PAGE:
In June 2018, PANCAP collaborated with the Integral Orientation and Research Center/ Centro de Orientación e Investigación Integral (COIN) for a face-to-face knowledge exchange in Santo Domingo, Dominican Republic. The objective of the knowledge exchange event was to provide participants with first-hand experience of COIN’s operations. Nine persons from three countries, Jamaica, Suriname and the Republic of Trinidad and Tobago, were involved in the learning exchange event. Participants were invited to share their experiences observing COIN’s collaboration with the Ministry of Health, other civil society organizations and stakeholders in delivering comprehensive HIV services in communities and to key populations. The blog below from the Surinamese participants provides details of their experience.
During the June 2018 South-to-South Learning Exchange, organized by the PANCAP-Knowledge for Health project in Santo Domingo, Dominican Republic, we were part of a multidisciplinary team which visited various organizations, both public and private, that work together in the fight against HIV and AIDS. The keyword from this entire experience is collaboration.
The Dominican Republic’s Ministry of Health and Social Assistance coordinates the HIV response through its partners. Integral to that response is the involvement of all necessary stakeholders, including representatives of key populations, for achieving the goals and ensuring sustainability.
The national strategic plan, protocols for treating HIV, laws for reduction of stigma and discrimination against vulnerable groups, and training of healthcare workers are among the activities of this strategic alignment.
Integral Orientation and Research Center/ Centro de Orientación e Investigación Integral (COIN), the focus of the learning exchange, is a non-governmental organization (NGO) which focuses on treatment and reduction of HIV in the country. As a non-profit organization, COIN is a very good example of how an NGO with powerful leadership can work together with the Ministry of Health and other NGOs to reach their goals.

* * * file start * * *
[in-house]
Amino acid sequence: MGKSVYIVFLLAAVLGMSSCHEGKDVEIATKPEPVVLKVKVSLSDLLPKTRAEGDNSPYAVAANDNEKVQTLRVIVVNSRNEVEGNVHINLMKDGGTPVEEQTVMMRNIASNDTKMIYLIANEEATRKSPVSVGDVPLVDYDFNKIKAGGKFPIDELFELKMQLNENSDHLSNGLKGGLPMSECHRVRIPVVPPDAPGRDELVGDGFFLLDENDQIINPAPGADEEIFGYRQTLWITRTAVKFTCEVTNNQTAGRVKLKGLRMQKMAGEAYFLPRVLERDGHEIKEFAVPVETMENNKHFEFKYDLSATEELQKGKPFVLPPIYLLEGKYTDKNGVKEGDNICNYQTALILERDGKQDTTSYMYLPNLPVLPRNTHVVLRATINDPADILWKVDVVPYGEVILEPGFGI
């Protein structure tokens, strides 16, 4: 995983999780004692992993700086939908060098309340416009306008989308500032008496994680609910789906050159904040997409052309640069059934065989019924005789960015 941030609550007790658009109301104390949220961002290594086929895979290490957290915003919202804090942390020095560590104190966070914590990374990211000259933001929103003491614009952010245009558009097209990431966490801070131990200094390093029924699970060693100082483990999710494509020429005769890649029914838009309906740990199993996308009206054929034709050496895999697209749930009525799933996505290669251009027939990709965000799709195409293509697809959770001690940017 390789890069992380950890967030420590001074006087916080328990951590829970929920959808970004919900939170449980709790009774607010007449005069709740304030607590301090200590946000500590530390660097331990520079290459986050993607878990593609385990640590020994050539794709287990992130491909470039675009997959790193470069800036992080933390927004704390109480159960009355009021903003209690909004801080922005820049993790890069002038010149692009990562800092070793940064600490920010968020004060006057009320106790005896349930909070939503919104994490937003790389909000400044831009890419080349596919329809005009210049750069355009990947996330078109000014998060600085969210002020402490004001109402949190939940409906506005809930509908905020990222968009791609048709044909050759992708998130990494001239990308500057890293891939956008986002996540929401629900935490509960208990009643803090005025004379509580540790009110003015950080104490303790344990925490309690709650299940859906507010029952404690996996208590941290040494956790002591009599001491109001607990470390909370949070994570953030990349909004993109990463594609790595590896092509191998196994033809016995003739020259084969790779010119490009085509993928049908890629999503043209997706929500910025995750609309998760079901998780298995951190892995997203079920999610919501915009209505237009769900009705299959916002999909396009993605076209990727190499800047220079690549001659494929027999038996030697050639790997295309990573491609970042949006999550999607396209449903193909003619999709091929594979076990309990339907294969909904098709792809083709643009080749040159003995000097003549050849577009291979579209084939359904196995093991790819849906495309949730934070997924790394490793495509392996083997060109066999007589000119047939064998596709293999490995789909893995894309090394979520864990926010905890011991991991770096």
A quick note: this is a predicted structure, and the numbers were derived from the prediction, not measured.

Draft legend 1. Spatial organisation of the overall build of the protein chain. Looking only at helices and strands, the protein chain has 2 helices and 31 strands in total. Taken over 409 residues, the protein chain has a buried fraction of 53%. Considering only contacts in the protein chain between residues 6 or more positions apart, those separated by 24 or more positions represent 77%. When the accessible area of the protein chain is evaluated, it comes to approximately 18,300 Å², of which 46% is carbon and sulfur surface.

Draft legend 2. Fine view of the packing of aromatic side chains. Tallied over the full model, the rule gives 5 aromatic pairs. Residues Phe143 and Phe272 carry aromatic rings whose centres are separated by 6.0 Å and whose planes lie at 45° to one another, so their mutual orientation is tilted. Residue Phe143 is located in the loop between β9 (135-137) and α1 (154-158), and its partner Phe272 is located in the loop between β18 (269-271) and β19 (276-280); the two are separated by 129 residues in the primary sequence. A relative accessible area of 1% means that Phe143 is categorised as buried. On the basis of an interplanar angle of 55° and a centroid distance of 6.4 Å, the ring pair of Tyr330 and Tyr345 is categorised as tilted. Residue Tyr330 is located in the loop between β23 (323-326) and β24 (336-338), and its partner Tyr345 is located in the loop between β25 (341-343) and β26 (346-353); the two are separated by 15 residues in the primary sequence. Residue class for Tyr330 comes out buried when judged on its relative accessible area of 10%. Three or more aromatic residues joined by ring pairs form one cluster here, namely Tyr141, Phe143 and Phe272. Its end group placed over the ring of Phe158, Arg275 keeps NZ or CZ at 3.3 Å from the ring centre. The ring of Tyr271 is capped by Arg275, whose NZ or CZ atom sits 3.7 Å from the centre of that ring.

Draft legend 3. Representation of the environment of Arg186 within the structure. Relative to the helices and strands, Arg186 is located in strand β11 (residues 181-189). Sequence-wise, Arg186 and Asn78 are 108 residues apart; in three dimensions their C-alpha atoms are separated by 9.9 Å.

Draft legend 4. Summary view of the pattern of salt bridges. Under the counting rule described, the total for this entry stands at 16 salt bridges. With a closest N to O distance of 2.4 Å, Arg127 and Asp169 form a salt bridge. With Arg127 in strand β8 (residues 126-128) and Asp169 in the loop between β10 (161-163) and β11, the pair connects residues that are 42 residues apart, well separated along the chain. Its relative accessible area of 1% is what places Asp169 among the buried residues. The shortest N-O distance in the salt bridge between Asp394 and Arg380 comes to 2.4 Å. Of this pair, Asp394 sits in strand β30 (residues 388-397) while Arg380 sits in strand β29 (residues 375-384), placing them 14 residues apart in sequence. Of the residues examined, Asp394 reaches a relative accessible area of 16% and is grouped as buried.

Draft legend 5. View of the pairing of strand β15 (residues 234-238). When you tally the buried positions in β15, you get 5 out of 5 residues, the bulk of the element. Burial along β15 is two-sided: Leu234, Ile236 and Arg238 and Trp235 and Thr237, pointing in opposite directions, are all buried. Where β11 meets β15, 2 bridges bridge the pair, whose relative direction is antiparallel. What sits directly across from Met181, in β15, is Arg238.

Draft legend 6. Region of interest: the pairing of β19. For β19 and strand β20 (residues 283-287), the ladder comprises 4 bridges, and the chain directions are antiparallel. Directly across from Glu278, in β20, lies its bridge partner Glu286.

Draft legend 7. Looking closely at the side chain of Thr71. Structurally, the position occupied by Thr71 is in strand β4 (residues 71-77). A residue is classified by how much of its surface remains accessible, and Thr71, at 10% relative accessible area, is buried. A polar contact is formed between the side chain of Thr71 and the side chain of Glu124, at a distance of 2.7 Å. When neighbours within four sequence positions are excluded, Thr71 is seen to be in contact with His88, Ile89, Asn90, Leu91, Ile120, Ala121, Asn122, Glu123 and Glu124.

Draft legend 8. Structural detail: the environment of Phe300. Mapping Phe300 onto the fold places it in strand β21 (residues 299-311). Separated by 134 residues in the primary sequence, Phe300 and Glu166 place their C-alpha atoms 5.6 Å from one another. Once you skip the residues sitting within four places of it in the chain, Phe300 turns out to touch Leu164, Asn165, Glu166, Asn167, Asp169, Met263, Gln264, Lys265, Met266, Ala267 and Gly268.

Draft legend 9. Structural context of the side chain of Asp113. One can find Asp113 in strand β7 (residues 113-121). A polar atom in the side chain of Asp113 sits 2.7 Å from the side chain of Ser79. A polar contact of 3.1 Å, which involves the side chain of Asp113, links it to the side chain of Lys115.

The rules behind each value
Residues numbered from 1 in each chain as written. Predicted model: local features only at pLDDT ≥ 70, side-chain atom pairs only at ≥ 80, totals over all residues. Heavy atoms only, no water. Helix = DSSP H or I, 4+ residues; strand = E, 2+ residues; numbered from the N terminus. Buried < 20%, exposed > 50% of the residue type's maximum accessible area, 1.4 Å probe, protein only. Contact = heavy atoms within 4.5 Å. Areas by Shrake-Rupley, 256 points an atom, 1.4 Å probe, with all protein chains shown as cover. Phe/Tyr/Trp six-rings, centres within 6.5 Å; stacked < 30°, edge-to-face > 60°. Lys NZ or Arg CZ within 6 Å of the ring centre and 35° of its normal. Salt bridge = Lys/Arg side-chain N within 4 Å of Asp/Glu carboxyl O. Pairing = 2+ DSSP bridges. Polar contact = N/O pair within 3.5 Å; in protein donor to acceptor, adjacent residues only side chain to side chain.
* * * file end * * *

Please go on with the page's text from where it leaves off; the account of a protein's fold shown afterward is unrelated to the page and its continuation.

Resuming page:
Civil society groups in the Dominican Republic should be recognized for being well organized, as they have formed strategic alliances with both the Government and the private sector. Civil society underscored the importance of staying true to their respective missions as this has made them stronger and more articulate in voicing the needs of the most vulnerable populations. Civil society groups also provide leadership to advocacy campaigns to establish clear guidelines for health professionals to ensure a rights-based approach to HIV treatment for key populations.
COIN is one of the NGOs that work closely with the Ministry of Health in the Dominican Republic. Through COIN, other smaller organizations such as TRANSSA, Trans Siempre Amigas (Trans Always Friends) and MOSCTHA, Movimiento Socio-Cultural para los Trabajadores Haitianos (Socio-Cultural Movement for Haitian Workers) receive funding to reach and test key populations and to link the HIV-positive persons from their target groups to treatment. TRANSSA and MOSCTHA also refer people to COIN for services they do not provide, such as hormone replacement therapy and antiretroviral therapy.
In conclusion, leadership, political activism, collaboration, and commitment were common themes heard during the learning exchange and should be considered prerequisites to achieving the sustainability of efforts to end AIDS.